It’s the concentration of media at the Shooting, Hunting and Outdoor Trade (SHOT) Show, the NRA Annual Meetings and Exhibits and the North American Sporting Goods Wholesalers convention that fuels the introduction of new firearms, ammunition and associated gear at the annual events. The captive audience delivers the kind of coverage ideal for placing those products on the shelves and generating sales.
It’s tradition, but the industry has grown and trying to get the message out on a crowded trade show floor has become a serious challenge. That rare spot to sit, candy bowl and warm smile in a booth no longer guarantees traffic. It’s a particular challenge for new companies with unfamiliar names, even when their products are innovative and hold the promise of the performance enthusiasts deserve.
More and more of the industry’s familiar names are avoiding the three-times-a-year din, scattering new product introductions randomly throughout the year. Springfield Armory, for example, unveiled its new, modular 9 mm Luger-chambered Echelon pistol on July 12. The design is a huge departure for the company that American Rifleman has covered in detail. It brings the kind of versatility that would have drawn big crowds at any convention, but Springfield didn’t wait.
In fact, the company added something different. On July 15, enthusiasts gave the new pistol a try at GRITR Sports & Outdoors in North Richland Hills, Texas. The free range day ran from 10 a.m. to 3 p.m. and all Springfield products were 5 percent off during event.
In partnership with Federal Ammunition, on the same day, Springfield Armory held “Hit the Range and Win” promotions at several other ranges across the nation. The celebration of the Echelon’s launch gave shooters the opportunity to shoot it and a chance to win one for themselves.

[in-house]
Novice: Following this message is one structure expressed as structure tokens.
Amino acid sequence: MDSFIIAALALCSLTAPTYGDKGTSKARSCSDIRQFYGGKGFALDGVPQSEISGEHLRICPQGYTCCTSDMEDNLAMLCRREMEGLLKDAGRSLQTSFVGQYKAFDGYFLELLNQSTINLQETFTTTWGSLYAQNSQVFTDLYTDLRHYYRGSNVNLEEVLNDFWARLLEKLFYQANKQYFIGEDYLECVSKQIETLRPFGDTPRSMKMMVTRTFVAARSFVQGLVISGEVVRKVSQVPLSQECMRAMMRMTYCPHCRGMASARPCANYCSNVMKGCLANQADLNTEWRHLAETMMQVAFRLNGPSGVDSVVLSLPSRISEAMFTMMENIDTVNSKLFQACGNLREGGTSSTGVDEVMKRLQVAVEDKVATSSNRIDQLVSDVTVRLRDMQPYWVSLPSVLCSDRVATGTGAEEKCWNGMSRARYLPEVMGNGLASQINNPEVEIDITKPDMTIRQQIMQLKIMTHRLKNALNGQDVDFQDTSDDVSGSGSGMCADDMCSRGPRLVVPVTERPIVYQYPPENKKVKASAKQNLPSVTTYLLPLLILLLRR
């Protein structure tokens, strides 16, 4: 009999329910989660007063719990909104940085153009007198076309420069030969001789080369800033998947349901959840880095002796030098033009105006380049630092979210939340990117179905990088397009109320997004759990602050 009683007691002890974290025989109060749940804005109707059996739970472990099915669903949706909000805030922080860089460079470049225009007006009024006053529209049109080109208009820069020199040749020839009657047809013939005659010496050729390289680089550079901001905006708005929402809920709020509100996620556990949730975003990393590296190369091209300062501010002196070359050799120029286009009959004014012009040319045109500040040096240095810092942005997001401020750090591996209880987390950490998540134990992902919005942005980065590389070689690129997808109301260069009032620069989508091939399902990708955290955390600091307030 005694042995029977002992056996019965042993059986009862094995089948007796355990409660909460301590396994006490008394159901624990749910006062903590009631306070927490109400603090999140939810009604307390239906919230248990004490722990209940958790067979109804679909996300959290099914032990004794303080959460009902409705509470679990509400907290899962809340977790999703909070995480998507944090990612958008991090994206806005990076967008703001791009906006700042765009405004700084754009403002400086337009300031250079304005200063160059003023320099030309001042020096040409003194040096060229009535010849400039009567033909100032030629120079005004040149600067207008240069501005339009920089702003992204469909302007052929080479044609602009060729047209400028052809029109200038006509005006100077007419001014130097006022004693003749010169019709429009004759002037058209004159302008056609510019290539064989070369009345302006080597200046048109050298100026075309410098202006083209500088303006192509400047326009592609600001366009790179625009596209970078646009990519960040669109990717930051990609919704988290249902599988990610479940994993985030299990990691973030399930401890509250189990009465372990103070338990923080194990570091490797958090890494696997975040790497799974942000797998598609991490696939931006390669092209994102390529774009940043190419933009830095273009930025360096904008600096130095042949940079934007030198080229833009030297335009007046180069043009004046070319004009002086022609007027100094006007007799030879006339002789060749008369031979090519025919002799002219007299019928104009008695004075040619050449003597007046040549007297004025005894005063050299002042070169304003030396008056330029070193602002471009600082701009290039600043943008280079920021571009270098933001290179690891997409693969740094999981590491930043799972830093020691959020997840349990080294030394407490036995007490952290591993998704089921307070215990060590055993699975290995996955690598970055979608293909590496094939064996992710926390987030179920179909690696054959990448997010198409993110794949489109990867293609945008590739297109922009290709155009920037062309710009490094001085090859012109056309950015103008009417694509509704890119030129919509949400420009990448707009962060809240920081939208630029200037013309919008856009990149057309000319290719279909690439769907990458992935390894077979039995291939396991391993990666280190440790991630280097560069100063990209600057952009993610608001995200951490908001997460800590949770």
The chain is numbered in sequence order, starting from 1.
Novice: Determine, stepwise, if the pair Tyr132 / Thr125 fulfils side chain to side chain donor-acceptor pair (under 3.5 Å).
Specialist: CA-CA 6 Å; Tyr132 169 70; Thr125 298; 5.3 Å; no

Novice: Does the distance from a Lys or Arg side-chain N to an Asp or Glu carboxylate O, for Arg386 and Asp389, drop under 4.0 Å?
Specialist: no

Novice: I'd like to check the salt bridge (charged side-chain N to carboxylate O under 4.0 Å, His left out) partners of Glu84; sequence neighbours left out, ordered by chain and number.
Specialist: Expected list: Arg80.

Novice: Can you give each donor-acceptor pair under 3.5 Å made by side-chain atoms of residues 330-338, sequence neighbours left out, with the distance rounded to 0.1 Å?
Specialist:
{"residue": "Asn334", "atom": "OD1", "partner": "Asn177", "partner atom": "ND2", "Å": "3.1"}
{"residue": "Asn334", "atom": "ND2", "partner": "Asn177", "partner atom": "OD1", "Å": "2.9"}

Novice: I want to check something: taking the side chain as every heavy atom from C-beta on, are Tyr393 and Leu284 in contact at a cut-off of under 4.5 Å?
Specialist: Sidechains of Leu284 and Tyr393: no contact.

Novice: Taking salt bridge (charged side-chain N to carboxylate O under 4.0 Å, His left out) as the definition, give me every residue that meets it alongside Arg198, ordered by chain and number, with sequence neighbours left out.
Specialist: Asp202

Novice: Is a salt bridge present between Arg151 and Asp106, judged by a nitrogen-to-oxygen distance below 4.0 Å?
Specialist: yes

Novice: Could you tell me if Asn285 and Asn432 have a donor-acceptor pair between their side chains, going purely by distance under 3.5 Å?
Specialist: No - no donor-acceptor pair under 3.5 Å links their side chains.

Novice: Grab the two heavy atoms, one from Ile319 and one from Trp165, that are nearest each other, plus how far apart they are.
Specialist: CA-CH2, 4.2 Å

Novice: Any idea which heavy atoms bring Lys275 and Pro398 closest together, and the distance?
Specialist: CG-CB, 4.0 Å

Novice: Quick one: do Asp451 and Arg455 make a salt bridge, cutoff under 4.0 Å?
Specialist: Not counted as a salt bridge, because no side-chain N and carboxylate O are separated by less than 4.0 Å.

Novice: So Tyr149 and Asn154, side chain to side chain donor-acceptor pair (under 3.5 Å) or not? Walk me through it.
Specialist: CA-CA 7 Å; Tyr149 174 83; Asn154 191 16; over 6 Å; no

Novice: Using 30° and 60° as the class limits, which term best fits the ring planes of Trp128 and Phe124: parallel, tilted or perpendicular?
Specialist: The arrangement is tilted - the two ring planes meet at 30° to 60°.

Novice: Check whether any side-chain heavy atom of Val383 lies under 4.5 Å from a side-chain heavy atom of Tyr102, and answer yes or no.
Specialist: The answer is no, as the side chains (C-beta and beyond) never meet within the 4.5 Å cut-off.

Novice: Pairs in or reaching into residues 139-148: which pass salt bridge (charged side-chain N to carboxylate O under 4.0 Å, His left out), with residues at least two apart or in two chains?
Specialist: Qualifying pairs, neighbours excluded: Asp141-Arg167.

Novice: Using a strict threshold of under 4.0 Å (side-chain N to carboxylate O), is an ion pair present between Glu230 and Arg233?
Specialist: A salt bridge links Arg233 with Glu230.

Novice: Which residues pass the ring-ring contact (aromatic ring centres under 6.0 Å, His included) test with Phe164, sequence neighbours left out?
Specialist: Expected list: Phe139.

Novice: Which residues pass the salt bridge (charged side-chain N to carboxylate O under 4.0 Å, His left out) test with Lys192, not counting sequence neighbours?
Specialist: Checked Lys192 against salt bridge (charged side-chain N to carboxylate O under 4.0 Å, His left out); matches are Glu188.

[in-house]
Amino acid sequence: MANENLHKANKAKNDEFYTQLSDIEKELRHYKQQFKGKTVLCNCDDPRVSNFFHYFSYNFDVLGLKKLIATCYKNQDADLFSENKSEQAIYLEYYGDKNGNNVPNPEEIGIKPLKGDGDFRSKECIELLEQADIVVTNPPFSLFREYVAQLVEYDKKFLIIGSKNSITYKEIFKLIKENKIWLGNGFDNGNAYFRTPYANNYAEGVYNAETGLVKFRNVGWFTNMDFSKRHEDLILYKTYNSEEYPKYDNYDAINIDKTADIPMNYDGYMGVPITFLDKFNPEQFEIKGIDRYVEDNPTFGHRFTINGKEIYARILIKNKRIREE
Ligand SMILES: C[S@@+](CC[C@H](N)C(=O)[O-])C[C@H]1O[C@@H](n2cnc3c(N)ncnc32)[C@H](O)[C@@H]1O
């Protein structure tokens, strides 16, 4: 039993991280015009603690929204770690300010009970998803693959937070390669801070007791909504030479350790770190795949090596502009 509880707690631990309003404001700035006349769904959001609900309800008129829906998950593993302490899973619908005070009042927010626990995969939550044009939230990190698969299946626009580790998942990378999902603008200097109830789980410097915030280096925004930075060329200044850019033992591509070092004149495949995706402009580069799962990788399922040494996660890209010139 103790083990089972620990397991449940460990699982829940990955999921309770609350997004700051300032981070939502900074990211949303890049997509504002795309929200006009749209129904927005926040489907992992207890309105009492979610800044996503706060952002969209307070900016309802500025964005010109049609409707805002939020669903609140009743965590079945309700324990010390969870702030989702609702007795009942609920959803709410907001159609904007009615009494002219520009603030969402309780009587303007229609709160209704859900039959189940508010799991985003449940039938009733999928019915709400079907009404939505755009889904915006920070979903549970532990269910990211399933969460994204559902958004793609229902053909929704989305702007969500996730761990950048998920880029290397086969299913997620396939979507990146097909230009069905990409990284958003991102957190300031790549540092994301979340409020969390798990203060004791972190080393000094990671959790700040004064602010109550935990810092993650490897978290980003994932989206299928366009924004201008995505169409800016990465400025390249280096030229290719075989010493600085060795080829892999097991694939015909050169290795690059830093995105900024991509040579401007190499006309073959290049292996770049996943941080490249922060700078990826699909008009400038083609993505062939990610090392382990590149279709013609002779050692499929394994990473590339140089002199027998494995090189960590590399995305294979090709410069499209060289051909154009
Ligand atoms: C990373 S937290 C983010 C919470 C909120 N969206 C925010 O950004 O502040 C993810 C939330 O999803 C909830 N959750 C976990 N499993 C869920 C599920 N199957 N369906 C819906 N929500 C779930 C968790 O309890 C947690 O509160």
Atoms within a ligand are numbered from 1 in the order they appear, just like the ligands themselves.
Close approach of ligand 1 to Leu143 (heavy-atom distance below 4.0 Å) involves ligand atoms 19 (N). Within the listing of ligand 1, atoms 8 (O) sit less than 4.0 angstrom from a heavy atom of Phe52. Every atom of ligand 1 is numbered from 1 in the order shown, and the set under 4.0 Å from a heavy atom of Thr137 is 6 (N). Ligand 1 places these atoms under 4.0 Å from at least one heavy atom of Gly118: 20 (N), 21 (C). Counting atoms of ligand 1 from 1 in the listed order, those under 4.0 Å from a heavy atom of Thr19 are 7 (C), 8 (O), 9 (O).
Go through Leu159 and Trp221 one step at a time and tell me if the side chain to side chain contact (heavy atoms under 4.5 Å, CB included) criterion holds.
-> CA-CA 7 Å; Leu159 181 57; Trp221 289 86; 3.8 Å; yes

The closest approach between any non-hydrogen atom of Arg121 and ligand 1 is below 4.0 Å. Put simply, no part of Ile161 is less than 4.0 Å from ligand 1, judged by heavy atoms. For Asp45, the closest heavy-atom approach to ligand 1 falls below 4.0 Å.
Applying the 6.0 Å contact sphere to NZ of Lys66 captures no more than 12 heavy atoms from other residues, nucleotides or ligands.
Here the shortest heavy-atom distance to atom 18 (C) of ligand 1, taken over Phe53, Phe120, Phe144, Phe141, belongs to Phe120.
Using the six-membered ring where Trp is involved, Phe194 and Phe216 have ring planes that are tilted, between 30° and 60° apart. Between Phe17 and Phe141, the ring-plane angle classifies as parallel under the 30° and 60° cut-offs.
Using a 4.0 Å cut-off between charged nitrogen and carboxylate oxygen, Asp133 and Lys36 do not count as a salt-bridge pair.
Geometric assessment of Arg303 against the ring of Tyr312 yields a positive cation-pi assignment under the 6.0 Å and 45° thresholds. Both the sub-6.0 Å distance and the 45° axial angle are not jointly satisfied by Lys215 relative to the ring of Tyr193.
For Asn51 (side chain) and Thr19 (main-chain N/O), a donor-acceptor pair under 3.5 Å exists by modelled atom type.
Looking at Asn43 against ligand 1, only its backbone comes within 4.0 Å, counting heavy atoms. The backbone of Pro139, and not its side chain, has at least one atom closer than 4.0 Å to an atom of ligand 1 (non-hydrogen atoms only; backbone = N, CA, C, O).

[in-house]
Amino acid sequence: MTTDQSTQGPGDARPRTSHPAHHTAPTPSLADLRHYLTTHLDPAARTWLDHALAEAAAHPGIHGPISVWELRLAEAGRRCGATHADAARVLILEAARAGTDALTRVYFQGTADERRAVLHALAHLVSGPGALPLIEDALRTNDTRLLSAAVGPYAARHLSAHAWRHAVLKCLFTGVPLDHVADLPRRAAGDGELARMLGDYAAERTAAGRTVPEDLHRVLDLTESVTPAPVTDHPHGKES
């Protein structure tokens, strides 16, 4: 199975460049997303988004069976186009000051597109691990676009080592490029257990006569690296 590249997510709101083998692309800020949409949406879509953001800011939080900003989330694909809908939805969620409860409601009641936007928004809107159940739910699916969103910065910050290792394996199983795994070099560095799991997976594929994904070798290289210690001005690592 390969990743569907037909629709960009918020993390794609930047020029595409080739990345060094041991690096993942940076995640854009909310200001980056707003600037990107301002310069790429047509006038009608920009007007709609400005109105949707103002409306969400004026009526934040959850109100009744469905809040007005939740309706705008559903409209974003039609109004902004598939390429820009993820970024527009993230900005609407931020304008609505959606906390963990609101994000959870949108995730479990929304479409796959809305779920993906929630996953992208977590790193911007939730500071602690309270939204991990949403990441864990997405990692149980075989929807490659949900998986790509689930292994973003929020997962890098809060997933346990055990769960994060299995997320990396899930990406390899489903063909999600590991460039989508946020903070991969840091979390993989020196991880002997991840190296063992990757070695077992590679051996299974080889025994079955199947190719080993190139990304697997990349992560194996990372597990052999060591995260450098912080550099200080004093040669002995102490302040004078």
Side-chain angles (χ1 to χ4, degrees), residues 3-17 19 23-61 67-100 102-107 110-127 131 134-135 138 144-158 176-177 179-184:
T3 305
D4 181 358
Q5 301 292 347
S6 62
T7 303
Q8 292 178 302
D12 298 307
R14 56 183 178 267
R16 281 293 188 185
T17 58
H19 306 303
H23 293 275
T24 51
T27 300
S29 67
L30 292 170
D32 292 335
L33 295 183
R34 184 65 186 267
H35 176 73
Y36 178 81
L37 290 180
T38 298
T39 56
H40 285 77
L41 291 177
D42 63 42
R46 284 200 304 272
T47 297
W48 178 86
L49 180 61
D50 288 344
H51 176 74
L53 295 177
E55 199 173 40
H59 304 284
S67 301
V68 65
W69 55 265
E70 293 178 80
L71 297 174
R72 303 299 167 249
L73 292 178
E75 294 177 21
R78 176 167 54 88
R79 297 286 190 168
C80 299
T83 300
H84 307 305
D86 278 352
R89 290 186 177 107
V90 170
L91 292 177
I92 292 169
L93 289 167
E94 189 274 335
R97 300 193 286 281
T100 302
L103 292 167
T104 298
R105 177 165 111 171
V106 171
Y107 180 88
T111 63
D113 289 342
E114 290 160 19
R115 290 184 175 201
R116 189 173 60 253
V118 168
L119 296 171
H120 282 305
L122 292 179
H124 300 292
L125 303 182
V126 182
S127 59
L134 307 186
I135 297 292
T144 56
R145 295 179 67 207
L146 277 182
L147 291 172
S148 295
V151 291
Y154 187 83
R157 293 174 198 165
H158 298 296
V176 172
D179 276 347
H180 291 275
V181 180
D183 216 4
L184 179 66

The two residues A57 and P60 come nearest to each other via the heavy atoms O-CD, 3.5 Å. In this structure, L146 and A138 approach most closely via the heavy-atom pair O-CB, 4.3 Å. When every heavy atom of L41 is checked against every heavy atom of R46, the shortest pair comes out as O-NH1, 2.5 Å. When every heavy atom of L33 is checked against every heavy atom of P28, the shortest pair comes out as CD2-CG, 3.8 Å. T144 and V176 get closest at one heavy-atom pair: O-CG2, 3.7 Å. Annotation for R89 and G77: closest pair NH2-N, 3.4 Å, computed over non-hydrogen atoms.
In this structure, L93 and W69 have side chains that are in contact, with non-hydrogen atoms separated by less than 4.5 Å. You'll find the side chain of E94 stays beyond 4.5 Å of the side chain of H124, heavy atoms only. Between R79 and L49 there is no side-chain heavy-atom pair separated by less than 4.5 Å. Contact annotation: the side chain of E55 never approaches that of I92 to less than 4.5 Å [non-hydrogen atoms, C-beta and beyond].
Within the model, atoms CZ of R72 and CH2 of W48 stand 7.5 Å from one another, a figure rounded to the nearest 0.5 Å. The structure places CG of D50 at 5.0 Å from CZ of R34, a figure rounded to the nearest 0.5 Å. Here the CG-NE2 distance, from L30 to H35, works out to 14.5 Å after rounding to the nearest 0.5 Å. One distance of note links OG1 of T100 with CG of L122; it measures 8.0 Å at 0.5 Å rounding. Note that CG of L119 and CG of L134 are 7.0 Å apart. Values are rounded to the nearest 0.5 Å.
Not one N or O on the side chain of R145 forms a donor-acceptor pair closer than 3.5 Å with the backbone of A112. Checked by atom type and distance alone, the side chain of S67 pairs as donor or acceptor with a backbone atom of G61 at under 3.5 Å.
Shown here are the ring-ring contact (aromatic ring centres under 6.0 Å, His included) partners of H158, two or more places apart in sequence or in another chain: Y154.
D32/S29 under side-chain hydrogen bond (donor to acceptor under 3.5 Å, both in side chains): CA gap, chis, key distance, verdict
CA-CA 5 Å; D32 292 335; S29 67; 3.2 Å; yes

The first 50 shooters at each even received a Springfield Armory hat as well as a Pro-Shot SplatterShot target and 10 rounds of Federal Ammunition to use on the range with the new firearm. “This new product launch will further build on Springfield Armory’s reputation for developing and offering firearms and products the shooting community demands,” said Steve Kramer, vice president of marketing for Springfield Armory.
Admittedly, a select few members of the media had the chance to give the Echelon a try before the launch—after promising to keep the pistol secret. But it wasn’t the entire industry fondling them in a crowded convention hall rushing to report the news months or weeks before consumers even saw one on an FFL’s shelves.
That delay may build anticipation, but it’s frustrating when you’re eager to see or purchase the new gun. Ruger, and a few others, address that problem by adhering to a strict policy that no gun is publicly announced until its in the supply pipeline—period.
Springfield Armory’s dedication to enthusiasts loyal to its brand is the same, but holding consumer events commemorating the introduction simultaneously is an unusual twist. Add the “off season” introduction and the marketing approach certainly rose above convention “noise.”